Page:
Saturday, December 10, 2016

Duck, Duck, Porcupine by Salina Yoon

Today’s guest blogger is Kahla Gubanich. Kahla is a children’s and maker librarian at Carroll County Public Library in Maryland. 
Image from Duck, Duck, Porcupine
by Salina Yoon

In Duck, Duck, Porcupine by Salina Yoon, we are introduced to Little Duck, Big Duck, and Porcupine. The book contains three stories. In the first, the trio’s perfect picnic is nearly ruined by rain. In the second story, Big Duck has forgotten something very important, but all ends well when Big Duck remembers just in time to celebrate Porcupine’s birthday. Finally, the friends decide to go camping.

The simple sentences keep up a staccato beat throughout the book, and the words in the chapter titles are usually repeated several times within each story. Sentences are all fully contained on a single page and within the speech bubble. The content is not overly complicated and will likely be relatable to the reader: we have a soggy picnic that results in some great puddle jumping, a nearly-forgotten birthday that ends with a party, and exhaustive preparations for a camping trip that conclude satisfactorily with a crackling fire and some roasted marshmallows. In short, Duck, Duck, Porcupine has every initial appearance of a book for very early readers.

Image from Duck, Duck, Porcupine by Salina Yoon
The font choice generally echoes this conclusion. The text inside the characters’ speech bubbles is large and bold, suitable for beginning readers. For the most part, fonts outside the bubbles remain readable and even convey additional information to the reader. For example, as Little Duck grows bolder and begins to splash in the puddles with increasing gusto, the onomatopoeia text grows larger, showing the reader that the noise is louder. The font used for Big Duck’s extensive camping list has a handwritten quality, but remains large on the page.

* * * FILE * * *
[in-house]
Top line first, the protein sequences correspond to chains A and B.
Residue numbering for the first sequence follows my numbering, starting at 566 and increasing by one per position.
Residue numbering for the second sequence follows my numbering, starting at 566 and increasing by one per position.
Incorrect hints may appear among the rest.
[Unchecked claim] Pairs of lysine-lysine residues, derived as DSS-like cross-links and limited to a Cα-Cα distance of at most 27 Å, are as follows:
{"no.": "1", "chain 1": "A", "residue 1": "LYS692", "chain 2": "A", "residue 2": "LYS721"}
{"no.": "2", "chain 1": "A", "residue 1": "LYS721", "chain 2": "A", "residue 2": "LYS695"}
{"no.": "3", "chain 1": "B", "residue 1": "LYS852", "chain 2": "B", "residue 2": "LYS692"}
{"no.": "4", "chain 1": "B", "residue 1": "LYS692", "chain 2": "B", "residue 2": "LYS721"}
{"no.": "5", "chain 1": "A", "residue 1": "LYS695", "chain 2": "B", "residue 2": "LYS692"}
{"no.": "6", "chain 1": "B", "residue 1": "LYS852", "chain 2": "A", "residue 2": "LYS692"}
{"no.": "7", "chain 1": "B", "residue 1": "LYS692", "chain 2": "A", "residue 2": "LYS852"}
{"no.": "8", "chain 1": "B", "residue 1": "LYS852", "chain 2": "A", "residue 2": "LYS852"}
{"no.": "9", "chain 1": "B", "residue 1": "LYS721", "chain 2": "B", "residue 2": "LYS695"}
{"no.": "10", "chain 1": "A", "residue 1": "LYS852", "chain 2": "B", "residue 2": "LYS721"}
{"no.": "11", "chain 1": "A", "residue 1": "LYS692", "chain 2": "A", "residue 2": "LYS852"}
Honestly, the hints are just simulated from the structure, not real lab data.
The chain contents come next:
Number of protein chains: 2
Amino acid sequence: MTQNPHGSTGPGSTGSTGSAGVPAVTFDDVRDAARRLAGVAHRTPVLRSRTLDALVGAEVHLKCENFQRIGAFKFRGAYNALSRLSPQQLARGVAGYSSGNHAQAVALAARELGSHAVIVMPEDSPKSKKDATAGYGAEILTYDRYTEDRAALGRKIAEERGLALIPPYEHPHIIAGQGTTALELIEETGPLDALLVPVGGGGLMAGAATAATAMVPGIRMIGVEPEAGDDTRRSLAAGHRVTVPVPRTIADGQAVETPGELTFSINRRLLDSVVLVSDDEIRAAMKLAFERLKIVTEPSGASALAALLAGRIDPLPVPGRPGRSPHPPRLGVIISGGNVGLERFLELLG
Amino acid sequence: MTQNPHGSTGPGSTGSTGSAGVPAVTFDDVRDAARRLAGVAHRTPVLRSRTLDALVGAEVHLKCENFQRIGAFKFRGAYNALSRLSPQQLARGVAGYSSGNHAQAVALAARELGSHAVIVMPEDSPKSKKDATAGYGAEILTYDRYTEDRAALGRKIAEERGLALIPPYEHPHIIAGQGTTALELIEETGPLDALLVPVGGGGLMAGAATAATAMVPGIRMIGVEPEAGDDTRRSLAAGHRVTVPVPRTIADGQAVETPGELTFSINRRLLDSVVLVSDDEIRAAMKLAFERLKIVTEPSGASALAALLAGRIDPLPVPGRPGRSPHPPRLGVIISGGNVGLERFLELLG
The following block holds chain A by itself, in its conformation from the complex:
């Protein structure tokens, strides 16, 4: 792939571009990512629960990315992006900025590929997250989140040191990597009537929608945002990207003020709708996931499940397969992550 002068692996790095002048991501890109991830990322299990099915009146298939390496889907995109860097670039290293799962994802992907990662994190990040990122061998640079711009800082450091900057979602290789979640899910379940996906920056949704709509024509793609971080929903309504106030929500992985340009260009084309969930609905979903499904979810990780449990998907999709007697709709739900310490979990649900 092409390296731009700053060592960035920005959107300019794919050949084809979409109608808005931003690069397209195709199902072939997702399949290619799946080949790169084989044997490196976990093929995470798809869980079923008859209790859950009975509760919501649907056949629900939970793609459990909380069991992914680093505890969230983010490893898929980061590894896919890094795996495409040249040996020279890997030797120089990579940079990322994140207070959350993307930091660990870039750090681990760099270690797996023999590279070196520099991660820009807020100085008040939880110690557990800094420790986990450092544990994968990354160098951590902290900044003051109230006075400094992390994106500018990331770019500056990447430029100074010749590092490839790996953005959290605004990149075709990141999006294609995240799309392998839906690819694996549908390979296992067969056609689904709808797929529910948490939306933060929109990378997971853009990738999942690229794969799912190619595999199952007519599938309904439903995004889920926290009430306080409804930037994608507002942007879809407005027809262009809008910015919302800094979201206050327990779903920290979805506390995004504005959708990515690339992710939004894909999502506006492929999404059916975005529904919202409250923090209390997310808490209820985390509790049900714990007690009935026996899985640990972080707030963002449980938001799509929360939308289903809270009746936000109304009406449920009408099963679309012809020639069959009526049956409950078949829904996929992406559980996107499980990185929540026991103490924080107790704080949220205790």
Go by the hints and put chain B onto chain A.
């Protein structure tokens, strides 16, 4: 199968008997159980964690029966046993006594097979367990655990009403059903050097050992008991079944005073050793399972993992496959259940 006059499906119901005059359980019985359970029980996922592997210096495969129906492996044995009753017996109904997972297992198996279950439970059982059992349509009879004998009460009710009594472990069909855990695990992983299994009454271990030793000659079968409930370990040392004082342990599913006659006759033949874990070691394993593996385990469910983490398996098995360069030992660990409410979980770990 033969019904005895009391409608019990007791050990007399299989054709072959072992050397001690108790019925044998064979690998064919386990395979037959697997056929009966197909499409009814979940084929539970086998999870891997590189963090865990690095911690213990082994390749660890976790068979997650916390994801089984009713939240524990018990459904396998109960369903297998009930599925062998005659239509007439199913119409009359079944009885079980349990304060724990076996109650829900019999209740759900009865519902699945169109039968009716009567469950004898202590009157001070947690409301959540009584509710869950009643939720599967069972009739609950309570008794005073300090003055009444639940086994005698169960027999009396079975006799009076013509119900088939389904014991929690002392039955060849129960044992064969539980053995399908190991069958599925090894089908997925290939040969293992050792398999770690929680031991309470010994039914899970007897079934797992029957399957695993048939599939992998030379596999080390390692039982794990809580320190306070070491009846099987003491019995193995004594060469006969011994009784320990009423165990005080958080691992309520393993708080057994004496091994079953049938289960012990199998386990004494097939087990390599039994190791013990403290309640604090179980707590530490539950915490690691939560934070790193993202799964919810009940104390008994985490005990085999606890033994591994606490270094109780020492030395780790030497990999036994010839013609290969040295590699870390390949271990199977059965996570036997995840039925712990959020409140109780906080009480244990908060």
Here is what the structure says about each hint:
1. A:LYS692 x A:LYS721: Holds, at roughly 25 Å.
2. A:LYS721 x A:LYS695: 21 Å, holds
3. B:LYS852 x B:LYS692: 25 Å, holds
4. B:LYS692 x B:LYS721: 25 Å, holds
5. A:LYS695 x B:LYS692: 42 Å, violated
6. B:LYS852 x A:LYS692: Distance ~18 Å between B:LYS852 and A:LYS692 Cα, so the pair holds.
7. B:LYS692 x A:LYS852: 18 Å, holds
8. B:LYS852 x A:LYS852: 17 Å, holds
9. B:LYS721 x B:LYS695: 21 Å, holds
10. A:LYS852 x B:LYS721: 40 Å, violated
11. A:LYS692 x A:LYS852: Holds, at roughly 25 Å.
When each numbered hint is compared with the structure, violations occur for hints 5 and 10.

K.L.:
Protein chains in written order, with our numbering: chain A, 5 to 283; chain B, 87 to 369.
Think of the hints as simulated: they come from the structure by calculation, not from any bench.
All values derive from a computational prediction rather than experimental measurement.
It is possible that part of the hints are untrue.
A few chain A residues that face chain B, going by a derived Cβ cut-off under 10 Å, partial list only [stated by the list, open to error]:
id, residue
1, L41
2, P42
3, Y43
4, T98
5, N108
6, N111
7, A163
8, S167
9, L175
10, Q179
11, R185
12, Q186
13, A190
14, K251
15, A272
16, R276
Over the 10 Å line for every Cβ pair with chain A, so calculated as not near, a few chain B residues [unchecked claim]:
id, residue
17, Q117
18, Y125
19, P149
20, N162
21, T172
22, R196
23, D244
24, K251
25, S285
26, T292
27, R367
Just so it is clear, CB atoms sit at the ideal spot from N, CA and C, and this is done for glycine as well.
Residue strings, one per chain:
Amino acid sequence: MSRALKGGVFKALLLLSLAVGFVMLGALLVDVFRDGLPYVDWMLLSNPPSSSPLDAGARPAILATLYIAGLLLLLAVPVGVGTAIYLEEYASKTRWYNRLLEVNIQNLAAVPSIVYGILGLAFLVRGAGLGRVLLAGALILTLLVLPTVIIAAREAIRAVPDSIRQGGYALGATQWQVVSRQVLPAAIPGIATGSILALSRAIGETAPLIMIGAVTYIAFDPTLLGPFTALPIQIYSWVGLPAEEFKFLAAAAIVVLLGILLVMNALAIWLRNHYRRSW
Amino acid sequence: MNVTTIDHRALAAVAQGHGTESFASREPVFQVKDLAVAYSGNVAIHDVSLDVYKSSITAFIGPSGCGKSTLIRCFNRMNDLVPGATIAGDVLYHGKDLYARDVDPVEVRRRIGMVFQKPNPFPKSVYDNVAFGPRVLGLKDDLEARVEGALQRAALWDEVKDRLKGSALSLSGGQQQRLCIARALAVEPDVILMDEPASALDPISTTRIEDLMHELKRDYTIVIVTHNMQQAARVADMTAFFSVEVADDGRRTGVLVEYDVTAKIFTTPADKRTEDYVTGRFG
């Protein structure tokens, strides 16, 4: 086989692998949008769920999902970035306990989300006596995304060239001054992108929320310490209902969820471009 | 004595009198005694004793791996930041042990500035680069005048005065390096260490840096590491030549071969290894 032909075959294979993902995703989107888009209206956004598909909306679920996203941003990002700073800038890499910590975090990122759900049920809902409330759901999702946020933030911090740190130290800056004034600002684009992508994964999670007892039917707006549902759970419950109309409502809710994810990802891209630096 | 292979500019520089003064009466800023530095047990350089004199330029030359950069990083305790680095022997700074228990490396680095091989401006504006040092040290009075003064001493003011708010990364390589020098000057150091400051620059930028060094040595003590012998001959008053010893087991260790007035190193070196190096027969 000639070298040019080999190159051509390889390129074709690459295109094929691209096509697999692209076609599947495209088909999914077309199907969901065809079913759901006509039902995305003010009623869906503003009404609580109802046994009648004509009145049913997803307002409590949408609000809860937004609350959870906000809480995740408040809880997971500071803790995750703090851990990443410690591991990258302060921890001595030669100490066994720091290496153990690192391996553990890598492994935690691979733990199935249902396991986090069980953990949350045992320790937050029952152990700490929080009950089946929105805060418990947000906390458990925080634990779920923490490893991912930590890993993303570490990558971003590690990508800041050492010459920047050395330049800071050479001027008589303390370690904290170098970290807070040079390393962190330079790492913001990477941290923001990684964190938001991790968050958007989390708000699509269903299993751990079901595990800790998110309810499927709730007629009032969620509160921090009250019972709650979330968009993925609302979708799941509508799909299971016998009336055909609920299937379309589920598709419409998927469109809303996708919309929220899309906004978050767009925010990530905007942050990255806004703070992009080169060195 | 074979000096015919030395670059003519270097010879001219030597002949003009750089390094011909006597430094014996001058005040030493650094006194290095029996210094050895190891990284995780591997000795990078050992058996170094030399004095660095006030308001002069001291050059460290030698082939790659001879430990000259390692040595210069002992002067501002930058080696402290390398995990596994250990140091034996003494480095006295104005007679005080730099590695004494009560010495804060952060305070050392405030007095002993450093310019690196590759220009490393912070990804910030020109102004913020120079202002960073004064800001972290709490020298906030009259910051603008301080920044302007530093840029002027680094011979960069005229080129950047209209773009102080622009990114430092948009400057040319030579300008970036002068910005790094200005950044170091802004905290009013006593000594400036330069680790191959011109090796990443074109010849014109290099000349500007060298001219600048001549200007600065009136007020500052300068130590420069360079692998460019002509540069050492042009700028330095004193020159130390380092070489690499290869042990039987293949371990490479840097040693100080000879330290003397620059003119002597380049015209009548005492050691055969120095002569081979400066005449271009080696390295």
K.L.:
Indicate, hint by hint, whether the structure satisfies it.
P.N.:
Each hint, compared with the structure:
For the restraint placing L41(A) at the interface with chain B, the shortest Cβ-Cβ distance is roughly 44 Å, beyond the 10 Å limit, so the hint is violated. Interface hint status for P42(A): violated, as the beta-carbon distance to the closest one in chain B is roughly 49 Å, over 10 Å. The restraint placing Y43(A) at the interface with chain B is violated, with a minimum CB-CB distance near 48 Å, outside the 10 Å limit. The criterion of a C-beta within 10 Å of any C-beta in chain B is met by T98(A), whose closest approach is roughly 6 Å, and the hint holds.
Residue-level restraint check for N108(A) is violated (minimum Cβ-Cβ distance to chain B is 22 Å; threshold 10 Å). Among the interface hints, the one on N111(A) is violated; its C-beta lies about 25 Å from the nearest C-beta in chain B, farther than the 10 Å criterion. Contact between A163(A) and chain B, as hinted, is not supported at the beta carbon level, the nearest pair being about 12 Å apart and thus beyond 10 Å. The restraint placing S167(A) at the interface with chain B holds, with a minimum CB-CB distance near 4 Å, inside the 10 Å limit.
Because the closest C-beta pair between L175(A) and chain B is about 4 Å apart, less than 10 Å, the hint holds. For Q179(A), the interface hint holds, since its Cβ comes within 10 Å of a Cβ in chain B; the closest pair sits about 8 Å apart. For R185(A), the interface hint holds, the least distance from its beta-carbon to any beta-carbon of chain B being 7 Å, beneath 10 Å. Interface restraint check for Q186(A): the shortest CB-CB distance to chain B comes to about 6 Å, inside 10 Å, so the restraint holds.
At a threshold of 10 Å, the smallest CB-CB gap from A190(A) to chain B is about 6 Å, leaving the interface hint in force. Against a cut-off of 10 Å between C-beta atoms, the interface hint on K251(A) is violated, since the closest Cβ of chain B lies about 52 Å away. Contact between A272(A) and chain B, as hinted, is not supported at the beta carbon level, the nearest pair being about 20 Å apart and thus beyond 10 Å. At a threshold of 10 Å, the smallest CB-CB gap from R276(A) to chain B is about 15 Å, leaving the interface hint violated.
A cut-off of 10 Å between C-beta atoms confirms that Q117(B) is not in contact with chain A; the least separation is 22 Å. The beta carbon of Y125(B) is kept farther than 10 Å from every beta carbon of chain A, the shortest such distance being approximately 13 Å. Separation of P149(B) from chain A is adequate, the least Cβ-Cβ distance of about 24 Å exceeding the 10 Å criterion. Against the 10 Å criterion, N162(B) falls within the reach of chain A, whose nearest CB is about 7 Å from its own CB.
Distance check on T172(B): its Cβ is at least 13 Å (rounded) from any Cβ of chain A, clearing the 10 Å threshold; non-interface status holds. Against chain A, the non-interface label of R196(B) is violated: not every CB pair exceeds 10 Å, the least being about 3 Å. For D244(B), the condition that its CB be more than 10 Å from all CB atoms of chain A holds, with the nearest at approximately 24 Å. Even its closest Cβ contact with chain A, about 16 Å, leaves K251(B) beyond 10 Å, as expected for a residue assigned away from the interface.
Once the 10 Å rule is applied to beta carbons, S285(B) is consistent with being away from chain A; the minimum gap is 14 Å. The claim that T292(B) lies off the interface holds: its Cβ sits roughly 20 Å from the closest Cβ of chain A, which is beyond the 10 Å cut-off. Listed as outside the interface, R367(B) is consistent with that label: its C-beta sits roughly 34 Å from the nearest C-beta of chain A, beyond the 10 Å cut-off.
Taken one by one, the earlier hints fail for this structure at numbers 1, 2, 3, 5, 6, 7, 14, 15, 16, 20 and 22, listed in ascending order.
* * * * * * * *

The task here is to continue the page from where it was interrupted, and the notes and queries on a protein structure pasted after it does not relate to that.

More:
There is one unfortunate exception to this: when Big Duck forgets Porcupine’s birthday, the reader’s only clues to the mysterious event come in the form of the tiny text on the gift tag, and on the birthday card in which Little Duck’s wing partially obscures the first letters. If the reader is unable to decode these clues, they remains just as in the dark as Big Duck about why the day is important and the story ultimately falls flat. A more experienced reader will decipher the partially-hidden words, but the very basic text and plot do not otherwise seem to target more experienced readers.

Image from Duck, Duck, Porcupine by Salina Yoon
The illustrations are bright and uncluttered, with saturated colors and bold outlines and a clean, whimsical style that will appeal to fans of Elephant & Piggie. In many instances the illustrations clearly reflect the text. When Big Duck refers to a string around her finger, the illustration clearly depicts her holding up one wing with a string tied around it. Yet the relationship between text and illustration varies, at times becoming an obstacle to the reading. Early in the book the characters head off-page to fetch the picnic basket and blanket one page before these items appear in the illustrations. Once the items do show up, the words are unfortunately not repeated.

On occasion, the illustrations and dialog even fail to align. Once the friends have assembled their picnic, Porcupine says, “Let’s go!” Yet the characters are all standing still, and the following image depicts them seated, apparently in the same spot. While relatively minor, these misalignments all create space for the reader to get lost within the text. These trickier interplays of text and image, combined with the well-hidden clues and more experienced visual literacy required to follow the plots, make Duck, Duck, Porcupine a seemingly simple book that requires a deceptively sophisticated reader.

What do you think? Have you read this book with a child? How did they navigate the text and illustrations?

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